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 An Indian manual scavenger cleans a manhole in Jantar Mantar, India
Image: Indraneel Chowdhury/Pacific Press/picture-alliance

India launches initiative to end manual scavenging by 2021

Ankita Mukhopadhyay
November 20, 2020

India has struggled to enforce laws banning the unsafe practice. Under the new measures, sewer and septic tank cleaning will be mechanized, with funds directly transferred to sanitation workers to buy cleaning machines.


On Thursday, the Indian government announced a slew of measures to end the discriminatory and hazardous practice of manual scavenging by August 2021. Manual scavenging is the practice of removing human excrement from toilets, septic tanks or sewers by hand. 

The measures are part of the Swachh Bharat Abhiyaan (Clean India initiative) launched by Prime Minister Narendra Modi's government — and seek to enforce laws that have banned the practice.

Mechanization of cleaning

Hardeep Singh Puri, India's Minister of Housing and Urban Affairs, launched the "Safaimitra Suraksha Challenge" on Thursday, coinciding with World Toilet Day.

Under the campaign, sewers and septic tanks in 243 cities will be mechanized and a helpline created to register complaints if manual scavenging is reported. Cities which reach the end result will receive prize money.

Durga Shanker Mishra, the ministry's secretary, went a step further and announced that terminologies would be changed to support the government's decision to eradicate manual scavenging. 

"We have instructed that the word 'manhole' is not to be used anymore and only 'machine-hole' is to be used from now on," said Mishra.

Meanwhile, the Social Justice and Empowerment Ministry said that it would directly transfer funds to 'sanitation workers' to buy cleaning machines, instead of contractors or municipal corporations.

"We want the workers to own these machines so that these can be used by the municipalities when there is a requirement," said R Subrahmanyam, the secretary of the ministry.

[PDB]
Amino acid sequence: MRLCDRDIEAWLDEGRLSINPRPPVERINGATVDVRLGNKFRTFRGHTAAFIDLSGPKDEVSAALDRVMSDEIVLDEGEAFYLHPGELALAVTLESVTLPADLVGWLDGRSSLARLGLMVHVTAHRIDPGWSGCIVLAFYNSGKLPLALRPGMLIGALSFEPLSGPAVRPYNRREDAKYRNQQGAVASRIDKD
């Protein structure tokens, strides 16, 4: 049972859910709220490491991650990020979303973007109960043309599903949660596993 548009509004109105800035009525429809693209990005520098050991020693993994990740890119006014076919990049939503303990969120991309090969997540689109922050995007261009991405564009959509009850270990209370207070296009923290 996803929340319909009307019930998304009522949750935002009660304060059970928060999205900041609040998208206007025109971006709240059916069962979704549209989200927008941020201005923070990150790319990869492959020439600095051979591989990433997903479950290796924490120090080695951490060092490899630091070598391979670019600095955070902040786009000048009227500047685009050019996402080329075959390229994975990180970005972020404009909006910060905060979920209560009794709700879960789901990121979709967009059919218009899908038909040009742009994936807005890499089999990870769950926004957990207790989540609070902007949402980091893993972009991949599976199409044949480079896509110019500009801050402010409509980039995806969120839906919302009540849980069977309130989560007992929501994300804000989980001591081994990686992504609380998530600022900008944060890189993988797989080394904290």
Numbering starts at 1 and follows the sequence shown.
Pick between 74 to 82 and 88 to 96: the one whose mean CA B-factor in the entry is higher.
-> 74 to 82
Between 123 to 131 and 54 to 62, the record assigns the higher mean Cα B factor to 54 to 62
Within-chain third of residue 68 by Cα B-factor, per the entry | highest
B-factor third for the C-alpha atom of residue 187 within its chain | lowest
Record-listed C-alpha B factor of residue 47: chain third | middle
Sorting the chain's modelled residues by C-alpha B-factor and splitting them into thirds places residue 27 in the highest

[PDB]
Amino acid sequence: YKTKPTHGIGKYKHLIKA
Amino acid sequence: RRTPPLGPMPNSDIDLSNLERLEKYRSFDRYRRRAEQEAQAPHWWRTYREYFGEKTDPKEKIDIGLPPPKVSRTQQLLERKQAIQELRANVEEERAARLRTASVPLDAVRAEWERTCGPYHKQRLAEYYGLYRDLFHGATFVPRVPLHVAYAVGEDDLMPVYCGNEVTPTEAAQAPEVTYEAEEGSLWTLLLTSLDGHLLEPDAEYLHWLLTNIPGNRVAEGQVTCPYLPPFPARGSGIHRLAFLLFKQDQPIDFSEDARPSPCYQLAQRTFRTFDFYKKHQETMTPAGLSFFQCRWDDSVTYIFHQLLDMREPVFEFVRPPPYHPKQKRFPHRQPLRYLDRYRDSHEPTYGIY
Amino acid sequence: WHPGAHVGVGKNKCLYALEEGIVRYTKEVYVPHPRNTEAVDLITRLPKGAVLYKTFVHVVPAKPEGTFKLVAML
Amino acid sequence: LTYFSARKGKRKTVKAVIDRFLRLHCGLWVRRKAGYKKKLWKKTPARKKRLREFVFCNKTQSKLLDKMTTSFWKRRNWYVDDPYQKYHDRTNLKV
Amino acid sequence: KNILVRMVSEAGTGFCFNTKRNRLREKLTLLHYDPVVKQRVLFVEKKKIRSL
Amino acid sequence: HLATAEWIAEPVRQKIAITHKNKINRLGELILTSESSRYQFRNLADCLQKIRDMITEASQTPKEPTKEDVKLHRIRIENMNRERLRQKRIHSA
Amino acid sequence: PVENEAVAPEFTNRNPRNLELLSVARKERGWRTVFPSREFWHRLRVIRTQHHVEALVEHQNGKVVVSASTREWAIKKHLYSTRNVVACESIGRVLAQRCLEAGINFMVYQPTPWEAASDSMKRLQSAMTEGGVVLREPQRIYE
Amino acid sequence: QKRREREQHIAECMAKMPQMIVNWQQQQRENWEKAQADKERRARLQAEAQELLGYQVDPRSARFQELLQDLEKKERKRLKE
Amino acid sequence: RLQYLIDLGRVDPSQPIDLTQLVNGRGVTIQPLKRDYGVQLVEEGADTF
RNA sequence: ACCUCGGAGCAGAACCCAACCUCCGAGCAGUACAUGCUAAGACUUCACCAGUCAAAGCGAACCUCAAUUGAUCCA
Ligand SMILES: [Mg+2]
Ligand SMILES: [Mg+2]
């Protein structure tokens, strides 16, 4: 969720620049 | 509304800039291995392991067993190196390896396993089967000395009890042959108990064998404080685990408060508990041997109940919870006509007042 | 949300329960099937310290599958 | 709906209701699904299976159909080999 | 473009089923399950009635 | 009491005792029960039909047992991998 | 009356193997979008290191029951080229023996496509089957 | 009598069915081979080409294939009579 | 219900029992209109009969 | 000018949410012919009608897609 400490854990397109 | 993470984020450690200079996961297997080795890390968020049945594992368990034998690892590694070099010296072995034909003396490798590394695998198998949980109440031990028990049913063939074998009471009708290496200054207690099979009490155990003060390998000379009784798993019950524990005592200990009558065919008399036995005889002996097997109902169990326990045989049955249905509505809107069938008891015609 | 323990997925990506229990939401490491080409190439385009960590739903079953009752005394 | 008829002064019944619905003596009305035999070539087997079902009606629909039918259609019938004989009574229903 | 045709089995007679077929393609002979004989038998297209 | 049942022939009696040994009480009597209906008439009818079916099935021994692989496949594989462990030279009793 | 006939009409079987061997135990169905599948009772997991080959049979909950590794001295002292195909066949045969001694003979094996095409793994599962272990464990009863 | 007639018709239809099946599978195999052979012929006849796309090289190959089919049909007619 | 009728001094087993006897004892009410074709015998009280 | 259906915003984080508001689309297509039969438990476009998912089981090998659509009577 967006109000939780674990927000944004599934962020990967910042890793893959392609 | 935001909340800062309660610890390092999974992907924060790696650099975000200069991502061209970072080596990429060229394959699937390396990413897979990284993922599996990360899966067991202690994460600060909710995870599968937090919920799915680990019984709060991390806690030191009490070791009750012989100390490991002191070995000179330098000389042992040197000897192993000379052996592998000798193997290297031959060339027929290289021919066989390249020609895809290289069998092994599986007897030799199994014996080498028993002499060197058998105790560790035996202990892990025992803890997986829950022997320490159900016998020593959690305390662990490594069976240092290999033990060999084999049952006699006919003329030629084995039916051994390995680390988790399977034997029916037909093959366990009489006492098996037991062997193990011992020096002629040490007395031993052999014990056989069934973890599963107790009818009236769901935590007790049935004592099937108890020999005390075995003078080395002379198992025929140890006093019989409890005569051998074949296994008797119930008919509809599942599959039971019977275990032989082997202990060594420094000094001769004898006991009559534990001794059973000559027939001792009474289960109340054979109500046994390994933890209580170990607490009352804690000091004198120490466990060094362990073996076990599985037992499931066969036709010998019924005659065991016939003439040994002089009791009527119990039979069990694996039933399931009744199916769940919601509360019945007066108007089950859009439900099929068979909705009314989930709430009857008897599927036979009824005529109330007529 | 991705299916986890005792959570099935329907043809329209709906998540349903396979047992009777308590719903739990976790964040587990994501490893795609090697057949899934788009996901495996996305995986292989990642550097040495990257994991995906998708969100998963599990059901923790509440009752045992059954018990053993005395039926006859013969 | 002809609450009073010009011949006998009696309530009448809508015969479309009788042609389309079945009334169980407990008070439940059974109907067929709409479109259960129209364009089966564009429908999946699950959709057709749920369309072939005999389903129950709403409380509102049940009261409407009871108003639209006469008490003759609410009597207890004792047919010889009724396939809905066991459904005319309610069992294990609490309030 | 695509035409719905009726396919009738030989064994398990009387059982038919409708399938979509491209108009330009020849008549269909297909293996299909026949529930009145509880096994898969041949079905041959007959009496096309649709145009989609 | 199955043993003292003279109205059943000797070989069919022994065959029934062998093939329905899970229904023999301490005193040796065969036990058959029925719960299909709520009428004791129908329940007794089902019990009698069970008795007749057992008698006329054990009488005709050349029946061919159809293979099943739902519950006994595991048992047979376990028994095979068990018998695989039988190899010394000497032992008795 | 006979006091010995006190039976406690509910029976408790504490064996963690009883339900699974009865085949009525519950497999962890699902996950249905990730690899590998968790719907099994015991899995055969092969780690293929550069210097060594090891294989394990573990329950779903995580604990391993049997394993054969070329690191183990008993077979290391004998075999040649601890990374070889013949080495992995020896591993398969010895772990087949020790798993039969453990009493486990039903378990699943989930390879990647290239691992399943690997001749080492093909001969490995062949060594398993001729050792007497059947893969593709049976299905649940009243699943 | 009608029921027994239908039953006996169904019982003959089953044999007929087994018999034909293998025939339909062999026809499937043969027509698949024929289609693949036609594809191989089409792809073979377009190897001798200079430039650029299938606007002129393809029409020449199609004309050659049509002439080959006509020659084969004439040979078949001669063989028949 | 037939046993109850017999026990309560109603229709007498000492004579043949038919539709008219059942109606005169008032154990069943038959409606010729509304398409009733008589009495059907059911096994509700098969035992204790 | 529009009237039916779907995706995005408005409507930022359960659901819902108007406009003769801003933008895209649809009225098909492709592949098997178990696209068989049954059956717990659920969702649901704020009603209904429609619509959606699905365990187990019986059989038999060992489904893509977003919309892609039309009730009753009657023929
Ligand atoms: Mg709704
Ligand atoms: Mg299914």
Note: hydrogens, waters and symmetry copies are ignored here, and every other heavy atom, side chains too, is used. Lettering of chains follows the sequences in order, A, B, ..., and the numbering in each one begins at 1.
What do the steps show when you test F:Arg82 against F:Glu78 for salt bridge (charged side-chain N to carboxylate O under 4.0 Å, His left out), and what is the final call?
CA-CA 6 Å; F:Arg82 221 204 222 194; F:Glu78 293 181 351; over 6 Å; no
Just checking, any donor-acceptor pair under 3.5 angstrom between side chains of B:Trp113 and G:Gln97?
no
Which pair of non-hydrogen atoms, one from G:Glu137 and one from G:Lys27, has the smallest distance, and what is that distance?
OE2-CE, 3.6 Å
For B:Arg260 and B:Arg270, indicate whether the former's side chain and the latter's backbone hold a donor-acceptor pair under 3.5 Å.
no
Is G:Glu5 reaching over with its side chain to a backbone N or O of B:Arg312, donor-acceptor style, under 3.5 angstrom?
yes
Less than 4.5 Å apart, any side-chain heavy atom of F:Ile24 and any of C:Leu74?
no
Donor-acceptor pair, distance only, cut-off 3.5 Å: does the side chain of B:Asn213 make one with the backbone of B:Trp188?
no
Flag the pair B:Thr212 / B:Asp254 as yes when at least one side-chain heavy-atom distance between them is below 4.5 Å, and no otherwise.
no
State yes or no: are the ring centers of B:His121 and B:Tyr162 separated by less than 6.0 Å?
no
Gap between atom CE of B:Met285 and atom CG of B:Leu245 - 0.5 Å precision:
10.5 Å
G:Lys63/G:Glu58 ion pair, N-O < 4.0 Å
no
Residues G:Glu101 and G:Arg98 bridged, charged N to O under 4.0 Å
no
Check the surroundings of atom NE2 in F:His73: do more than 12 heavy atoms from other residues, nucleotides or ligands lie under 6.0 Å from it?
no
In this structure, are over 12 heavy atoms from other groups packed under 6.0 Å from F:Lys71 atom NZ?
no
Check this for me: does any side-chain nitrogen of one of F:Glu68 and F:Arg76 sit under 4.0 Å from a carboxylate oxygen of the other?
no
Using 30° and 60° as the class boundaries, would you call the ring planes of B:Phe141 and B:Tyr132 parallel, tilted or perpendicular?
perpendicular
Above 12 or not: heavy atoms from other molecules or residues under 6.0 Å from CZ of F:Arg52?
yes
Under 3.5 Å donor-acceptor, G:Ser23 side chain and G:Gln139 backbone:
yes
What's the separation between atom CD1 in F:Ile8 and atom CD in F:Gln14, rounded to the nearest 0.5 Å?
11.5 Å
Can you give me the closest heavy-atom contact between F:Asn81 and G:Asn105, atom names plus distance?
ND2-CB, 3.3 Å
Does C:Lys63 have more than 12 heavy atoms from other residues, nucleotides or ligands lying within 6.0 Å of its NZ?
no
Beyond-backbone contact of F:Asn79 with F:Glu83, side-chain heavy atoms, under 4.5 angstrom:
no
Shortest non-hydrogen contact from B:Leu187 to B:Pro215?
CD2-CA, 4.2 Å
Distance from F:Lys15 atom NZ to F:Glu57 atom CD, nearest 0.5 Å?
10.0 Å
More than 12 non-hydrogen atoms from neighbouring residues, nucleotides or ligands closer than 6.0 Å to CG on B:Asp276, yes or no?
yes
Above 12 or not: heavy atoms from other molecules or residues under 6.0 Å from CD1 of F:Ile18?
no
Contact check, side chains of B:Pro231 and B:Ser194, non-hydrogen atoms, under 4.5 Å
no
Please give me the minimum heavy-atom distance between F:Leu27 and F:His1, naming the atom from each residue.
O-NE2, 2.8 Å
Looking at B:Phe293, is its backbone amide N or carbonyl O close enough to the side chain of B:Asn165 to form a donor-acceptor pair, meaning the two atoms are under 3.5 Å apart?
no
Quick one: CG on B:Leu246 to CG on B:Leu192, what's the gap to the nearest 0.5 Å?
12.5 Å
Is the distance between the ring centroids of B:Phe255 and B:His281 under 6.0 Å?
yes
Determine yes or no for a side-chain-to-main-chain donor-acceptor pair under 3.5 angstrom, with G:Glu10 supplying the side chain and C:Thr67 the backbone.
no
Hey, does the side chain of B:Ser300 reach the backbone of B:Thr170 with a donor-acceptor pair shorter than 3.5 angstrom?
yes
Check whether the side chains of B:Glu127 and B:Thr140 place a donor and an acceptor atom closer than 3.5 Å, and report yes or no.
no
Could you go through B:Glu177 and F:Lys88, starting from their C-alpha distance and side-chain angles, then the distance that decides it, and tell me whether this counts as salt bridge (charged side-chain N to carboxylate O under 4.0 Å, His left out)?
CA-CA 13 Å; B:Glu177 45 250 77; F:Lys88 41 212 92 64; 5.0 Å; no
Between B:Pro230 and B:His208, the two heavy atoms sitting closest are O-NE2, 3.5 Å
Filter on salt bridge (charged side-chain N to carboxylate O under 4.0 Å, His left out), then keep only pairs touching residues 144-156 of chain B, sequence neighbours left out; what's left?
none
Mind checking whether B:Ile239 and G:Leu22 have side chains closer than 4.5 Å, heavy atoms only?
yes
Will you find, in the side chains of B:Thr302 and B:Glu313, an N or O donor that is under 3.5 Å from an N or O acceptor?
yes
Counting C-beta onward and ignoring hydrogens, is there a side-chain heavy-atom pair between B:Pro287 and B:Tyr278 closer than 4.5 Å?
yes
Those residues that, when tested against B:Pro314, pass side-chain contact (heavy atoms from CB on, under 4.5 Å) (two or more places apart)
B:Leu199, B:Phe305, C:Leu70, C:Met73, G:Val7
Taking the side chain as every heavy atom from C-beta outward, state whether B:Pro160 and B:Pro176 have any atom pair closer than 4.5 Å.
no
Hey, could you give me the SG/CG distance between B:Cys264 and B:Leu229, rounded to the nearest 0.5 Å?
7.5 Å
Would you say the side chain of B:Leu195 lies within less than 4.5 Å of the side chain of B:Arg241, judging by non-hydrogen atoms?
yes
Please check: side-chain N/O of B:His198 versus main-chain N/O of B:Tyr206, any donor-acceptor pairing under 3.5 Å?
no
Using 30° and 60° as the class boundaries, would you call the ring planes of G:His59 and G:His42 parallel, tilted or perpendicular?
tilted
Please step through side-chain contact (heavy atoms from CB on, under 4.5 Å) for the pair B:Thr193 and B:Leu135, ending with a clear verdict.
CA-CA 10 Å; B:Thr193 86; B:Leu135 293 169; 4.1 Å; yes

Outlawed, but with little impact

India began outlawing the employment of manual scavengers in 1993, expanding the law in 2013 — but little impact has been seen on the ground, as hundreds of people continued to be pushed into the profession.

Scavenging is mostly carried out by a sub-group of the Dalits, an outcast community also known as "untouchables" within India's ancient system of caste hierarchies.

"Untouchables" are often impoverished, shunned by society and forbidden from touching Indians of other castes, or even their food.

In 2013, India expanded the definition of manual scavengers to include people employed to clean septic tanks, ditches and railway tracks — but the practice continued.

Last year, government data showed 110 people died while cleaning sewers and septic tanks.

The hard life of India's Dalits on display in Berlin gallery

Concerns over implementation

Indian activist, Bezwada Wilson, told local news channel NDTV that the current move by Modi's government was a welcome step, but not much was known about the contents of the initiative.

"Who will receive the machines? Who will monitor? Who will be held accountable for the implementation? How will they give training?" Wilson said. "As far as I know, nothing has been worked out yet."

"The biggest issue is, the government has not yet identified the people involved in manual scavenging [...] Even though mechanization of sewer and septic cleaning is very much needed, the way this initiative has been launched seems to be a hasty act," he added.

The move also comes at a time when the Modi government is facing severe criticism for its treatment of Dalits, particularly following the recent death of a 19-year-old Dalit woman. The woman was brutally assaulted and gang raped by four four upper caste men in the state of Uttar Pradesh and later died in hospital.

At least 10 Dalit women are raped in India per day, and their vulnerability to rape has increased by 44% in the last 10 years, according to a report by the National Crime Records Bureau of India.

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